Tweet Trouble: X's, Formerly Twitter, Cash Crisis Unveiled As Platform Continues To Bleed Advertisers

Twitter Inc., once a one-of-its-kind microblogging social media platform, has had a tumultuous journey since Tesla Inc. CEO Elon Musk acquired the company for $44 billion. 

Musk, known for his radical and often controversial opinions on censorship and content moderation, undertook a series of structural changes to Twitter, including layoffs and operational modifications. 

While Musk predicted a rise in total engagement and adverting revenue through the restructuring efforts, Twitter reported a reduced number of daily active users. Every 6 out of 10 adults in the U.S. using Twitter have taken a break from the platform, according to a survey conducted by the Pew Research Center. 

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"The center's new analysis of actual behavior on the site finds that the most active users before Musk's acquisition — defined as the top 20% by tweet volume — have seen a noticeable posting decline in the months after," the survey reported. "These users' average number of tweets per month declined by around 25% following the acquisition."

Approximately 25% of the survey respondents also stated that they might not use Twitter by 2024. 

Plummeting Ad Revenues 

Many companies severed their advertising partnership with Twitter following Musk's takeover, citing his drastic operational changes — especially allowing previously banned accounts to return to the platform — as the primary reason. Musk, who touts himself as a "free speech absolutist," reinstated the Twitter accounts of influential people, including former President Donald Trump. 

During the five-week period from April 1 to the first week of May, the platform witnessed a 59% drop ($88 million) in its U.S. advertising revenue compared to the same period the previous year, according to an investigation conducted by The New York Times. In addition, Twitter forecasts a 56% year-over-year decline in its U.S. ad revenue as of May. 

Given the rising disdain, Musk conducted a poll on Twitter asking users whether he should step down as the social media platform's CEO, going as far as to state that he would "abide by the results of [this] poll." An overwhelming number of respondents (57.5%) voted for Musk to step down, causing the billionaire to appoint former NBCUniversal global advertising chief Linda Yaccarino as the new CEO.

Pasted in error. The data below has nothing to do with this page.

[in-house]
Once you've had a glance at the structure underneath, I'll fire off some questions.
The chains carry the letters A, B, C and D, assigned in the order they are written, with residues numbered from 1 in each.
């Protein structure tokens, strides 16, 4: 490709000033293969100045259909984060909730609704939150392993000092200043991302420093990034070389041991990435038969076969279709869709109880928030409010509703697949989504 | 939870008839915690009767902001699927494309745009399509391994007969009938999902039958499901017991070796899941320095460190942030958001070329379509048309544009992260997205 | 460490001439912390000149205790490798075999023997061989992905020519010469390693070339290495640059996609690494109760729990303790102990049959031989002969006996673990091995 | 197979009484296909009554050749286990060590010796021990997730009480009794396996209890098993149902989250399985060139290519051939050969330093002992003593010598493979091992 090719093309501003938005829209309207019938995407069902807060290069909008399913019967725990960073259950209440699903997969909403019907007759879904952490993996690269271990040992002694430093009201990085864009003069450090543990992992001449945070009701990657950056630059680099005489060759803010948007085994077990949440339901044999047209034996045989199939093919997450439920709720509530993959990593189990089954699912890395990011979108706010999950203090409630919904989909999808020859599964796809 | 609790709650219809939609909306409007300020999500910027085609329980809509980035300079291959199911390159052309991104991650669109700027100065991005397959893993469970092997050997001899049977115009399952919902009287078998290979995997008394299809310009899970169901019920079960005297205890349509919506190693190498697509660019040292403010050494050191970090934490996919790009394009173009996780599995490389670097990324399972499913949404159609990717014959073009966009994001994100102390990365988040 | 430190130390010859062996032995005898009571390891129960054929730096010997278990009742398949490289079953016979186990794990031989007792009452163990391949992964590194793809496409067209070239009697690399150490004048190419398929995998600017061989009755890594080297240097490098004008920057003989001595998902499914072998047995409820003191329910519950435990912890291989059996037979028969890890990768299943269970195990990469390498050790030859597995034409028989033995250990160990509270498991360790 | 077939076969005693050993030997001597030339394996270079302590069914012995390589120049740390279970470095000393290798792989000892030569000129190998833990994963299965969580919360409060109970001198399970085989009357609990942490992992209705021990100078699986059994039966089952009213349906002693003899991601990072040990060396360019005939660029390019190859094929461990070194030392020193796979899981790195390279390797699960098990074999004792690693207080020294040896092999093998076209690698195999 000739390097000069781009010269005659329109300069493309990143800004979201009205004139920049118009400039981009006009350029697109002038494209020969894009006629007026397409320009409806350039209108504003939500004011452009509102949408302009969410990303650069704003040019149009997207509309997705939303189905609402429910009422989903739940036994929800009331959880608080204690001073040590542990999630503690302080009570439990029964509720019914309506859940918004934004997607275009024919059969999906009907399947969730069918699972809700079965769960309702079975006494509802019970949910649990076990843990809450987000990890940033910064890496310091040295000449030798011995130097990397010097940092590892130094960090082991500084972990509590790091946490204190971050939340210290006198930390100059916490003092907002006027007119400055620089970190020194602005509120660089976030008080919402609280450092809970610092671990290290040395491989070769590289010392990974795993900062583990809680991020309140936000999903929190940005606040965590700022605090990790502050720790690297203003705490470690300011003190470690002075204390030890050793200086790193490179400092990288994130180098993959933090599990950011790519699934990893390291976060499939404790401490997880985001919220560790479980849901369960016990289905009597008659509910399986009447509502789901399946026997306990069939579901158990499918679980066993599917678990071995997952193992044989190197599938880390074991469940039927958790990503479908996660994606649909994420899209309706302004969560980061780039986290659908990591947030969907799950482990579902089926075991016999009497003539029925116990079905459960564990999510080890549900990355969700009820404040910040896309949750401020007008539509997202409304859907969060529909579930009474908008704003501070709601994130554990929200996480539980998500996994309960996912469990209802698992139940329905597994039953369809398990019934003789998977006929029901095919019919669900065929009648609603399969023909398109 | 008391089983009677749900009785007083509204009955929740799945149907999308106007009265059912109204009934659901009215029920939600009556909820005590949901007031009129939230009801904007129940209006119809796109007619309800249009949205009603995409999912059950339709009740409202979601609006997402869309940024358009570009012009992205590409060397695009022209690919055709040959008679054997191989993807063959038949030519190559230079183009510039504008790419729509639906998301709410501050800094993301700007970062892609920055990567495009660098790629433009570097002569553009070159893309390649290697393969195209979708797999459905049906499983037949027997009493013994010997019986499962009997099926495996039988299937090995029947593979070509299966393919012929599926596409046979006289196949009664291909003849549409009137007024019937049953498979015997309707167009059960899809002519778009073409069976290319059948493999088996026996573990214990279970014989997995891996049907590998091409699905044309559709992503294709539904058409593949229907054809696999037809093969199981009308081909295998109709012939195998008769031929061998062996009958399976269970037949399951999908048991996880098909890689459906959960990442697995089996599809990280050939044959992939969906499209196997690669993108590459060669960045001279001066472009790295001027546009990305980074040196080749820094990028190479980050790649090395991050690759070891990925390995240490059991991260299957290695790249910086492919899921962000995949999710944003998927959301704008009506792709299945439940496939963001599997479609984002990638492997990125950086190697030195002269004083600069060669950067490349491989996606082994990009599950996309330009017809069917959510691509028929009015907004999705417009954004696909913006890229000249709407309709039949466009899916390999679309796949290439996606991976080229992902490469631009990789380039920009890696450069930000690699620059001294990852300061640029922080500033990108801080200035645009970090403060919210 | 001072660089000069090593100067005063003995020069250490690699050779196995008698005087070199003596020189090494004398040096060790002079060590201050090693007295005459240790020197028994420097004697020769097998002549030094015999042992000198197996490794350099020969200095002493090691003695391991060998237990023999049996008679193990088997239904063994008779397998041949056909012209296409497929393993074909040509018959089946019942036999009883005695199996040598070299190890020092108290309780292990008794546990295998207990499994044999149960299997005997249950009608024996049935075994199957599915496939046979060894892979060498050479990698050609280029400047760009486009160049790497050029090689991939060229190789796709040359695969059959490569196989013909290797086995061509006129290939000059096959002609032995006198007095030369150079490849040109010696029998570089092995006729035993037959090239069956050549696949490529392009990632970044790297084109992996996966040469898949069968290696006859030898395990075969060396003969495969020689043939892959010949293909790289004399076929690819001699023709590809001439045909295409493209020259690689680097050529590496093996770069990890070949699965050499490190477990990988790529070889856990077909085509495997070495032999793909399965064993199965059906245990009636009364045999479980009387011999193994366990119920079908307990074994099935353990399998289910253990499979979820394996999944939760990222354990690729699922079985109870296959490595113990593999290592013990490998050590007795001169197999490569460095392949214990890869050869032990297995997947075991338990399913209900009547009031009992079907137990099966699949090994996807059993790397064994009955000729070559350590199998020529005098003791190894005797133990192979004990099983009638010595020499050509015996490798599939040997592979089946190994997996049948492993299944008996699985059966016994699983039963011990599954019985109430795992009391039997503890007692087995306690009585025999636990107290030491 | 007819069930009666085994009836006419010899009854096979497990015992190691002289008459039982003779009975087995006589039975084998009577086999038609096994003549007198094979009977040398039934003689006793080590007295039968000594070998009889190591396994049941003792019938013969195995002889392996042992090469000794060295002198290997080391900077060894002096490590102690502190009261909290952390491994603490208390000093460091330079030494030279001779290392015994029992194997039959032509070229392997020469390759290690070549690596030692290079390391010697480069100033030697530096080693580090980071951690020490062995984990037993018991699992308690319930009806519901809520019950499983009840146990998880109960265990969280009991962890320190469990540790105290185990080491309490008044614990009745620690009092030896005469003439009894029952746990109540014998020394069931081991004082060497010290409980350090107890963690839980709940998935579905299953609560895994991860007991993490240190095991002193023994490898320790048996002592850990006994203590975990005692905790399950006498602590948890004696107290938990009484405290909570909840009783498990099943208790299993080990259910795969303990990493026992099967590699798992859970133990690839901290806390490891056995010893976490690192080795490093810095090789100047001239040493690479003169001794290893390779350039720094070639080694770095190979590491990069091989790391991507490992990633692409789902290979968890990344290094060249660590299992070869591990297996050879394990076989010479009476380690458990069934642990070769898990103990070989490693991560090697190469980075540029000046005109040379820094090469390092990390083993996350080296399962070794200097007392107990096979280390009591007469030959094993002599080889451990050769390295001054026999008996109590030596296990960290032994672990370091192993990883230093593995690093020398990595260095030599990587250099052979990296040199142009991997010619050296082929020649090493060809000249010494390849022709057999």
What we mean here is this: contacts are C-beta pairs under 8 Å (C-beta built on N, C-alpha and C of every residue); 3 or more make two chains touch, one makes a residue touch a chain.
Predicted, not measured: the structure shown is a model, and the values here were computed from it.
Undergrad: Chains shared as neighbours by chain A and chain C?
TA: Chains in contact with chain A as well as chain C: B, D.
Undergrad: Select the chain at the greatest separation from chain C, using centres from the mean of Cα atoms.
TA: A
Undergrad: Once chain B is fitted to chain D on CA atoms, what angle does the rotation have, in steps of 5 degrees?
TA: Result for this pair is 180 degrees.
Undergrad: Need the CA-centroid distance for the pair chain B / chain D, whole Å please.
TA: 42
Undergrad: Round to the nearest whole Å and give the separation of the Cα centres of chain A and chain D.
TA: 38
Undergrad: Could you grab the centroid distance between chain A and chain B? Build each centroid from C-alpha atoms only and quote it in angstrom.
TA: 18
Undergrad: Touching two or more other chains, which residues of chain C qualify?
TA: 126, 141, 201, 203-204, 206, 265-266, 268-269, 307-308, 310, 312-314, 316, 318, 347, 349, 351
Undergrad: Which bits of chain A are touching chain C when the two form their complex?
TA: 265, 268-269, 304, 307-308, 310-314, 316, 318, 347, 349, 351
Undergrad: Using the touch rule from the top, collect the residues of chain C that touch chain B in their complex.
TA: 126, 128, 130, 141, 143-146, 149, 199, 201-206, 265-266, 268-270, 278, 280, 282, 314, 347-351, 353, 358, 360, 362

In April, Musk stated in a BBC interview that almost all of the advertisers had resumed advertising on Twitter, forecasting that the firm would "roughly break even" by the end of the second fiscal quarter of 2023. 

But Musk changed his tone recently, tweeting on July 15, "We're still negative cash flow, due to ~50% drop in advertising revenue plus heavy debt load. Need to reach positive cash flow before we have the luxury of anything else." 

Twitter's platform’s value has plummeted by over 66% since Musk's leveraged buyout in October 2022. Musk acquired the company through X Holdings Corp. for around $44 billion at the end of the previous year. Its value has since dropped significantly, reaching just over $14.75 billion by April. 

Twitter recently initiated a revenue-sharing program where it allocates a portion of its ad earnings to certain content creators using its platform. Musk commented on this matter when his followers inquired about the revenue-sharing program's restricted nature. Numerous popular Twitter accountholders expressed their disappointment as they were ineligible to earn income from the program at this time. The revenue-sharing opportunity is exclusively accessible to users who subscribed to Twitter Blue and became verified, with the earnings being influenced by the advertisements placed in response to tweets.

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Threads — A Strong Competitor

Meta Platforms Inc. CEO Mark Zuckerberg launched Threads, a new microblogging platform, on July 5, challenging Twitter's dominance in the space. The platform crossed 100 million users in less than five days, becoming the fastest-growing consumer application in history. This title was previously held by the generative artificial intelligence platform ChatGPT, which crossed 100 million monthly active users in the span of two months earlier this year. 

"This is as good of a start as we could have hoped for," Zuckerberg said after Threads' successful launch. "Feels like the beginning of something special."

However, Musk reacted poorly to Threads' overnight success, accusing Zuckerberg of using confidential trade secrets to create a "copycat" app. "Competition is fine, cheating is not," Musk tweeted.

Twitter's attorney Alex Spiro wrote a letter to Meta accusing Zuckerberg of using Twitter's trade secrets and intellectual property to expedite its development. The action is deemed as a breach of both state and federal laws as well as the ongoing duties owed to Twitter by its employees.

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